Catholic leader Cardinal Nichols: No evidence for ban on religious services

The leader of the Catholic Church in England and Wales has said the ban on religious services during lockdown is “not supported” by scientific evidence, and has predicted a U-turn.

Cardinal Vincent Nichols said the decision “clearly shows a misunderstanding of the importance of religious faith” and called churches “among the safest places” people can visit.

England on Thursday woke up to a month-long lockdown which Prime Minister Boris Johnson has argued is needed to tackle the rising level of coronavirus infections.

Unlike during the first wave of the virus in the spring, the Government has permitted churches and other religious places of worship to remain open but only for private prayer, with services put on hold for four weeks.

The move has been heavily contested, with a host of faith leaders – including Archbishop of Canterbury Justin Welby – writing to Mr Johnson to ask that the decision to bar all services except funerals be reversed.

Downing Street has so far proved reluctant to change its mind but Cardinal Nichols, the most senior Catholic cleric in the country, said he believes a review will be forthcoming.

The Archbishop of Westminster told BBC Radio 4’s Today programme: “I think it will be changed.

“I think the evidence we’ve seen over the last couple of days is that this particular aspect of the decision by the Government is not supported by any scientific evidence and clearly shows a misunderstanding of the importance of religious faith.

“I think those things will lead to change. As soon as possible, I hope to see places of worship opened again (for services).”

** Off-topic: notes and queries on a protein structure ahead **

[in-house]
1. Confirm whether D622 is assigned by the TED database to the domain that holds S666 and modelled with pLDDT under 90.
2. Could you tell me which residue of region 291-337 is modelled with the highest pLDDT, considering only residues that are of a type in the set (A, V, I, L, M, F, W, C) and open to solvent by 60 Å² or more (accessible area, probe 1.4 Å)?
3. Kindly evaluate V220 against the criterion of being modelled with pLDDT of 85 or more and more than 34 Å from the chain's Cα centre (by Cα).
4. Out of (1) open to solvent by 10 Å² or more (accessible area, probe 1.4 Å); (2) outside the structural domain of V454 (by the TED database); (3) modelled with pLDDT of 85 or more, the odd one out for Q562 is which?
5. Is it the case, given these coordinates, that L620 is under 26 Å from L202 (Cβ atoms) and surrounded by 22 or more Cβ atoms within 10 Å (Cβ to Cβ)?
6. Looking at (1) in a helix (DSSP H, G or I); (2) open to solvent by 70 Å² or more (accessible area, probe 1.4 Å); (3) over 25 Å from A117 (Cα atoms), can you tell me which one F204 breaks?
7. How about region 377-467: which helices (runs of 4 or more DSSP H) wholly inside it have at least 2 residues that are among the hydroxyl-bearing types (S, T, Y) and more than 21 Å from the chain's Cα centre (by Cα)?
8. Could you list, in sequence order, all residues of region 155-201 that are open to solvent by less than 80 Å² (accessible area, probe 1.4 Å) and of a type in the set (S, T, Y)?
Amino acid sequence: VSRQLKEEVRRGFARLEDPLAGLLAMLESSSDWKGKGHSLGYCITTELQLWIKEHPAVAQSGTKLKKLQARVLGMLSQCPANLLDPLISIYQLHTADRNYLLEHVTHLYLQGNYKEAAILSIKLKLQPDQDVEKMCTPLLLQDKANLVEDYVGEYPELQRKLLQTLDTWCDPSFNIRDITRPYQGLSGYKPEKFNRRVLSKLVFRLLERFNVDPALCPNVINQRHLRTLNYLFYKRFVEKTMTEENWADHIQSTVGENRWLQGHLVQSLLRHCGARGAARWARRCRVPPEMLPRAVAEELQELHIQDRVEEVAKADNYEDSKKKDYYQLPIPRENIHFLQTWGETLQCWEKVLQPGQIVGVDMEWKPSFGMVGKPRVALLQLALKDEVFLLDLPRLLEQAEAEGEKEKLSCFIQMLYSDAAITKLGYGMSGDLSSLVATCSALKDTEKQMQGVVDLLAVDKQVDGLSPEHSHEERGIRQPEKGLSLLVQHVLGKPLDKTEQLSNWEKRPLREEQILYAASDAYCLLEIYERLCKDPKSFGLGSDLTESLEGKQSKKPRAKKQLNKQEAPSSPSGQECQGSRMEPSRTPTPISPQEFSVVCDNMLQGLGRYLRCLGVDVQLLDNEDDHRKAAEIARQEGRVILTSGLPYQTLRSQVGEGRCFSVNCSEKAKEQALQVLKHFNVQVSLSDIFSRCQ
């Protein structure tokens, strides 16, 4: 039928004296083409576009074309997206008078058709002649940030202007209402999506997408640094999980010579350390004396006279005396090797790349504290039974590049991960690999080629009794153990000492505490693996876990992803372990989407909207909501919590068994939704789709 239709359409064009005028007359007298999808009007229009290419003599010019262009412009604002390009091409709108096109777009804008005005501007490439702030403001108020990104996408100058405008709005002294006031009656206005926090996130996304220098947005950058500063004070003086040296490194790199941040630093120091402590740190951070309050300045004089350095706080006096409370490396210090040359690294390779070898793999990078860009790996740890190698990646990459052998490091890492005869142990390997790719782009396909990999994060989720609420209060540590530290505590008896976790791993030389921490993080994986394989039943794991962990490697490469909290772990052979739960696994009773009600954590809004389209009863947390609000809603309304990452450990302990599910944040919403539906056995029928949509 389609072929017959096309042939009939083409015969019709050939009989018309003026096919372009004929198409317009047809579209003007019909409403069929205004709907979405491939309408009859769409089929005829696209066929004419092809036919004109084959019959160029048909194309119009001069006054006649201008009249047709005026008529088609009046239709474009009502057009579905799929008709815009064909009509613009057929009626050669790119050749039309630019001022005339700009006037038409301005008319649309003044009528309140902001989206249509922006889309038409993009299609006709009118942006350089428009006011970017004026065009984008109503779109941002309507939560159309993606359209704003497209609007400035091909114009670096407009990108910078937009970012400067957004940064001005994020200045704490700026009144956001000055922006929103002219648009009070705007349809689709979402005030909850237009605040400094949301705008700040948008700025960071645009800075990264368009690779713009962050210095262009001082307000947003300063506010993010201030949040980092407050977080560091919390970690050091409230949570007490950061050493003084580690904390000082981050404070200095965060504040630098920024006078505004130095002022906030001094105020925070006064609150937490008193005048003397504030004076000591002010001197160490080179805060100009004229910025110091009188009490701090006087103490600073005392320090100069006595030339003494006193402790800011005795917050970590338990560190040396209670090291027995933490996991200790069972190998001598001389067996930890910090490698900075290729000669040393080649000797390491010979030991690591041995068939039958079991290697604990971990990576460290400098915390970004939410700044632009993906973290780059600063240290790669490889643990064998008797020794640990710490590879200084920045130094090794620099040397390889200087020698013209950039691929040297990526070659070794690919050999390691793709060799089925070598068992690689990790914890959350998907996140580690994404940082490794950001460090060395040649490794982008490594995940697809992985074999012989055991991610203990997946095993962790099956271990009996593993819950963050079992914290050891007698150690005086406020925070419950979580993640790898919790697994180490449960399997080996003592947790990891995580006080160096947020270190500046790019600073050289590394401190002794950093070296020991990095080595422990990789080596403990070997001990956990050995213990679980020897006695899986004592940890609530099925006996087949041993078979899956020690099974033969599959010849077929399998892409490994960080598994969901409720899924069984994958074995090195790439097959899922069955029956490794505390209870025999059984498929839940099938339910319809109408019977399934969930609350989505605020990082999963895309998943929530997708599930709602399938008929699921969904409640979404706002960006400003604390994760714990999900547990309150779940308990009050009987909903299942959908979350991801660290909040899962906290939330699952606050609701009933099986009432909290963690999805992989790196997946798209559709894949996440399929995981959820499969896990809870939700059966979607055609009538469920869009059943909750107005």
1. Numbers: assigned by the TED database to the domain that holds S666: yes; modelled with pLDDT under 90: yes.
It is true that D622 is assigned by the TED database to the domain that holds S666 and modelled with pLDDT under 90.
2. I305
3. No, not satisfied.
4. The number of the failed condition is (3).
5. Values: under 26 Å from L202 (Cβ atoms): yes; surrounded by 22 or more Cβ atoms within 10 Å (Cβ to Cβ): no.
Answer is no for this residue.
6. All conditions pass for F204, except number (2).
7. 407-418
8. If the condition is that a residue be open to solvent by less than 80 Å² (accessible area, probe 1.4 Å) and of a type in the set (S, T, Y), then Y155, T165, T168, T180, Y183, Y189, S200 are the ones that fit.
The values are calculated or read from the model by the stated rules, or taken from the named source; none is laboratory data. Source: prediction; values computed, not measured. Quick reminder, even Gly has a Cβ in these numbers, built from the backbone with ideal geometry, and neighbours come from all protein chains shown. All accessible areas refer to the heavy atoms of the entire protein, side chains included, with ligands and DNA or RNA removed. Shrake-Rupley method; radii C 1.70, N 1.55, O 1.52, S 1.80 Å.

He said churches are “well-managed, very well cleansed and among the safest places people go to”, adding: “Going to church is not a social gathering, it is a very significant, fundamental part of people’s lives.”

The ban comes less than two months after Mr Johnson and fiancee Carrie Symonds had their son Wilfred baptised at Westminster Cathedral on September 12 – only two days before the Rule of Six restriction was introduced – in front of a small gathering, according to reports.

The Prime Minister’s official spokesman, asked on Wednesday about Number 10’s response to the call from faith leaders for religious services to be permitted, said the Government did not “take imposing further restrictions lightly” but called the tightening of the rules “vital in tackling the spread of the virus”.

Johnson services
Boris Johnson and fiancee Carrie Symonds had their son Wilfred baptised in Westminster Cathedral in September – two days before the Rule of Six was imposed (Andrew Parsons/10 Downing Street/PA)

“It is a package of measures which is designed to slow the spread of the virus and it was determined that while private prayer could be allowed, sadly it wasn’t possible to go any further than that,” he told reporters.

“Places of worship bring huge comfort and solace to people, especially during this challenging time, and that is why they will remain open during this period of new restrictions for private prayer and other vital functions like funerals.

“We’ll continue to work closely with senior faith leaders and the Places of Worship Taskforce, as we have done throughout the pandemic.”

Downing Street has indicated that the evidence for the decision to ban religious services will not be published.

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